Our analysis of the Great Debate

Well, it didn’t quite take us a week — we were just so excited by “The Great Debate: Is There Evidence for God?” that we couldn’t wait to comment on it. The following analysis is co-written by Surak and Sarah.

The two opposing sides of the scientific debate over the God hypothesis were well represented on Wednesday by Dr. William Lane Craig (Christian Philosopher and Theologian from Talbot School of Theology) and Dr. Lawrence Krauss (Theoretical Physicist from Arizona State University). Dr. Craig’s argument was based on the clearly-stated and logical assertion that if God’s existence is more probable given certain information, that information meets the essential criterion for evidence. Dr. Krauss was equally clear in his definition of evidence: it must be falsifiable to be scientific. We find both standards to be very useful.

There was some confusion on the part of the moderator as to whether the topic of the debate was the existence of any evidence for God or the existence of enough evidence to prove God’s existence. We think the moderator erred in his statement of the debate’s purpose, since no one could reasonably argue that there is proof or disproof of God’s existence. As Dr. Krauss correctly stated, science cannot falsify God; so, the question can only be, “Is God likely?”

We will assess the debate in terms of whether or not there is any evidence for the existence of God, although Dr. Krauss tried to set the bar unfairly high with his assertion that a highly extraordinary proposition, such as the God hypothesis, requires extraordinary evidence. However, we think defenders of the God hypothesis can accept and meet this challenge.

Dr. Krauss acknowledges that the big bang is fact and one of science’s great achievements. The big bang theory establishes that the universe had a beginning, and that the universe was created from nothing. There was some debate and confusion about the meaning of “nothing.” It can mean the absence of matter, such as in “empty” space, or it can mean no space, no matter, and no time. The big bang involves the second notion of nothing, which is about as much of a nothing as most human minds can conceive of.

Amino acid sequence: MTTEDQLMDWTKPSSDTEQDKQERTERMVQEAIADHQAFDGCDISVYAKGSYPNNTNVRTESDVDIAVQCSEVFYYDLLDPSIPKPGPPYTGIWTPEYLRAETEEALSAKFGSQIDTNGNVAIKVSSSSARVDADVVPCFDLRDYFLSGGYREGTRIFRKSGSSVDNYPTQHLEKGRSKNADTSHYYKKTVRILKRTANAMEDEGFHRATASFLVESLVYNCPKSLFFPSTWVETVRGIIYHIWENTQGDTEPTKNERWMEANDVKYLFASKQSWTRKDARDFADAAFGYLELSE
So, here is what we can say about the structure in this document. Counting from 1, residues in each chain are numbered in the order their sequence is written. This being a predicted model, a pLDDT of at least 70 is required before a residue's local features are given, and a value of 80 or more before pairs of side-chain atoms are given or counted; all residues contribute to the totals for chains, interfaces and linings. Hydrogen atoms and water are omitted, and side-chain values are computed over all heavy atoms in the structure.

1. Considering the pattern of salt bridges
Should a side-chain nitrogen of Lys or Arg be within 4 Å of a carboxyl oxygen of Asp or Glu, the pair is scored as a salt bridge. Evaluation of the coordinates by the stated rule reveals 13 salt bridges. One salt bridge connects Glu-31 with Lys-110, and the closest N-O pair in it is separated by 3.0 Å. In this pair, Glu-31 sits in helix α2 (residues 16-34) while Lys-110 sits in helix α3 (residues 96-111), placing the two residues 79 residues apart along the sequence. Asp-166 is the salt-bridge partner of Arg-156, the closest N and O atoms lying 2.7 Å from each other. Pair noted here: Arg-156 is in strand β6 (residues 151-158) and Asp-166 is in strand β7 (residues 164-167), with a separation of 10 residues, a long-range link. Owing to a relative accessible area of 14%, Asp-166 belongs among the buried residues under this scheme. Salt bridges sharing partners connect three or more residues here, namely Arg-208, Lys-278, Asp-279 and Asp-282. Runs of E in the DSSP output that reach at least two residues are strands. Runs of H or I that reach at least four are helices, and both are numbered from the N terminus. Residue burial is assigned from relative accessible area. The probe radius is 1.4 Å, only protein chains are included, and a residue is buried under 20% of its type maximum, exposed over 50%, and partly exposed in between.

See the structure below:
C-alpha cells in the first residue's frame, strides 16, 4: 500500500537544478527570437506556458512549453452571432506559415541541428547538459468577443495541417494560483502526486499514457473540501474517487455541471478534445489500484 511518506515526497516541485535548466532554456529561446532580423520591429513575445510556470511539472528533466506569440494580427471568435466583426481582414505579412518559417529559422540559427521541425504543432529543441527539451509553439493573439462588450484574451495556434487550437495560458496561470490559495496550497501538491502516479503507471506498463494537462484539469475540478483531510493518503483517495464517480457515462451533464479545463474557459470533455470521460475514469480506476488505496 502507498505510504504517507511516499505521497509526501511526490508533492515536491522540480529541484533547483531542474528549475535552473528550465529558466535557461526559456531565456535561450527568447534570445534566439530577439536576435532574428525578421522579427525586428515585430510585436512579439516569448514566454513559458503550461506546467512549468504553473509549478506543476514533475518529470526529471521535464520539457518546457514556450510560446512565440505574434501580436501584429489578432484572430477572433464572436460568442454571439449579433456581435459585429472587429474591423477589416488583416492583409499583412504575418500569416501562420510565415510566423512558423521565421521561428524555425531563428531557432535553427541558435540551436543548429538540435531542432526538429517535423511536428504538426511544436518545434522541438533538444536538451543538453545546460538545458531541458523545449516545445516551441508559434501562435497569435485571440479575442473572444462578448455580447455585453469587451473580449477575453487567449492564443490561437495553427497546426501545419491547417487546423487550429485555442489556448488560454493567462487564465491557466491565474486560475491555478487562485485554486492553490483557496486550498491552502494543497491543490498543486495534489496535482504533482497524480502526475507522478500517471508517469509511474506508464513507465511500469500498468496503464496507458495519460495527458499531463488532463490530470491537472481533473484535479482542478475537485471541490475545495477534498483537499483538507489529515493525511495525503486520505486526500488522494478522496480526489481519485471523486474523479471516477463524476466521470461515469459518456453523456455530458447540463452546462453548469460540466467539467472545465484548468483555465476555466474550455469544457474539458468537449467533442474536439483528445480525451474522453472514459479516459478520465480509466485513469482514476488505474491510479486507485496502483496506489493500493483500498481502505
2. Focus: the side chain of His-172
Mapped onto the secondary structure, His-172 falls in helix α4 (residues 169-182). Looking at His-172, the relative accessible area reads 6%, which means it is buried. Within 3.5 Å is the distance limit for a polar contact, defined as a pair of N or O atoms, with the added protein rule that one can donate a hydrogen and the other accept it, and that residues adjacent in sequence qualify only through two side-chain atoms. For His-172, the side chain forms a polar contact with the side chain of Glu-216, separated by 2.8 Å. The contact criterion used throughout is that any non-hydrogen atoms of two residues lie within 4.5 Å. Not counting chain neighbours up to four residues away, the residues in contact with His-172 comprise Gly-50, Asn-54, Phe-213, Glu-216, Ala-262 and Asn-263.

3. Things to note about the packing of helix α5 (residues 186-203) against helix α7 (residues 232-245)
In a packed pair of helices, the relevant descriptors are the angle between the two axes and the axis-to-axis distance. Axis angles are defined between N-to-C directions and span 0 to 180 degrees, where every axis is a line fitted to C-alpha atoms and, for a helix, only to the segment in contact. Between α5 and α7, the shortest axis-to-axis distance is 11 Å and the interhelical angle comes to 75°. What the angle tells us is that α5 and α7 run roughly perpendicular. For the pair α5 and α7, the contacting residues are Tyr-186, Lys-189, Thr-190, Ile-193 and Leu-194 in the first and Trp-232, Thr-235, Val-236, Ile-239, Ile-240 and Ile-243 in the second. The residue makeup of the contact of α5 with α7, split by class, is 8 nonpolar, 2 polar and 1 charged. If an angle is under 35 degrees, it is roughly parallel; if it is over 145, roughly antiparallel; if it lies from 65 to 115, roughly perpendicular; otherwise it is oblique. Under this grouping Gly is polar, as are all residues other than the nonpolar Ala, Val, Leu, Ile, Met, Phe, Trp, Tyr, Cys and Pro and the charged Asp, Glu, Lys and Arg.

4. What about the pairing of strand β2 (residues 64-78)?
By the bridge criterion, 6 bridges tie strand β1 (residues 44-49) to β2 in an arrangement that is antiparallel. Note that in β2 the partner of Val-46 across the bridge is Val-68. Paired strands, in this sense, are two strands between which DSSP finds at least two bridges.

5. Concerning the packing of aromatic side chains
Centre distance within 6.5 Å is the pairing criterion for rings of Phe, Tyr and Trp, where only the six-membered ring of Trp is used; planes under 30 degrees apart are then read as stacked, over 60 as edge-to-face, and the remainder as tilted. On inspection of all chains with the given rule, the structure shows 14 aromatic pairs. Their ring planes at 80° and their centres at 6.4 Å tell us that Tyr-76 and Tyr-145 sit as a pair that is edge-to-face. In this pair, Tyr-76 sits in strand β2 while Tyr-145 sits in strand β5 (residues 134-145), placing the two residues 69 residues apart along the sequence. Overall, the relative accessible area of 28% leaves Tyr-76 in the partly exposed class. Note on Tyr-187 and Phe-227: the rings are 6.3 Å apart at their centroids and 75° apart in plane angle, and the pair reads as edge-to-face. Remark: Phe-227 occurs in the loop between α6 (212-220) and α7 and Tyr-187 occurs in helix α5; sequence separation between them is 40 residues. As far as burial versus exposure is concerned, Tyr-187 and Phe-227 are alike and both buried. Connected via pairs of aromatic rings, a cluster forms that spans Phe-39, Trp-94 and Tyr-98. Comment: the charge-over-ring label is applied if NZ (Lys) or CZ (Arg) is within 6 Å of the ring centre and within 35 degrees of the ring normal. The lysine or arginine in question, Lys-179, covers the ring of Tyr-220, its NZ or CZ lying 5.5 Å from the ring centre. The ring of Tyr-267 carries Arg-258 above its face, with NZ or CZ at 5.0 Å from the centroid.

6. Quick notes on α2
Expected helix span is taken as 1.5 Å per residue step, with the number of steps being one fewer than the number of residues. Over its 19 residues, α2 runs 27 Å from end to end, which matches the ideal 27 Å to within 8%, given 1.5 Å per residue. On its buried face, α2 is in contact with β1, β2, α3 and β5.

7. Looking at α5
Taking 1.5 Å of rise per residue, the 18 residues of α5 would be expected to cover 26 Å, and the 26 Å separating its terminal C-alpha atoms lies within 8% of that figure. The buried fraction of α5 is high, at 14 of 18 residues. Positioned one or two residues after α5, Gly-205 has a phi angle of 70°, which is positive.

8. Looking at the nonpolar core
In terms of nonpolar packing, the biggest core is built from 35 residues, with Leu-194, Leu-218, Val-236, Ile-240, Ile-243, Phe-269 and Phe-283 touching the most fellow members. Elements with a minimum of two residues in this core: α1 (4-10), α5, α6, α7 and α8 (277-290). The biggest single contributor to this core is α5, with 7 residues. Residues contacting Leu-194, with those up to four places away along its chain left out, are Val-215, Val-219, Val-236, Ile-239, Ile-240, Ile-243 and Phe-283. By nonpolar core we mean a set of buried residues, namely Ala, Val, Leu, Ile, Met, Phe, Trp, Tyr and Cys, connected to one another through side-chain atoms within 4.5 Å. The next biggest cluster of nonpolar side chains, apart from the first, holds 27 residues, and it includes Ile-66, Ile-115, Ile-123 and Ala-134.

The appearance of our universe from this nothing makes it an undeniable instance of creation – something coming from nothing – as opposed to an example of making, which is something being fashioned from something that’s already there. Science is based on the premise that everything has a cause, especially if it has a beginning. Since the universe had a beginning, it must have a cause, and a reasonable extension of the big bang theory is that the cause must be something greater than and outside of the universe.

The cause of our universe must therefore be a transcendent or super-natural cause. This ultimate cause must include not only the difficult idea that some entity “exists” outside our universe, but also the humanly inconceivable idea that it has as part of its nature the capacity to exist and make other things come into existence. In other words, there must be something that is its own cause and the essence of existence. We humans can never understand such an entity, but it’s the only way to avoid a common patch of logical quicksand that threatens to swallow anyone who attempts to discuss the origins of our universe.

This danger to fruitful discussion is best illustrated by a story that appeared in Stephen Hawking’s A Brief History of Time. One of the greats of science, probably Bertrand Russell, had given a lecture on astronomy. He described how the Earth orbits around the Sun and how our solar system is part of a much larger galaxy. After the lecture, he was approached by a little old lady who informed him that the Earth is really sitting on the back of a giant tortoise. Russell replied, “What is the tortoise standing on?” “You’re very clever, young man, very clever,” said the old lady. “But everyone knows it’s turtles all the way down!” We must accept that at the bottom of any conceivable pile of cosmic turtles, there must ultimately be one that has as part of its nature the power of existence.

There is perhaps only one relevant or useful question humans can pose about this scientifically unknowable causal agent of the universe, “Is it conscious or unconscious?” If the transcendent cause of the universe is conscious, God is the most useful name we can give it. If the cause of the universe is unconscious, then it is some kind of super-nature. The best known and most likely candidate for the super-natural is the ‘eternal multiverse.’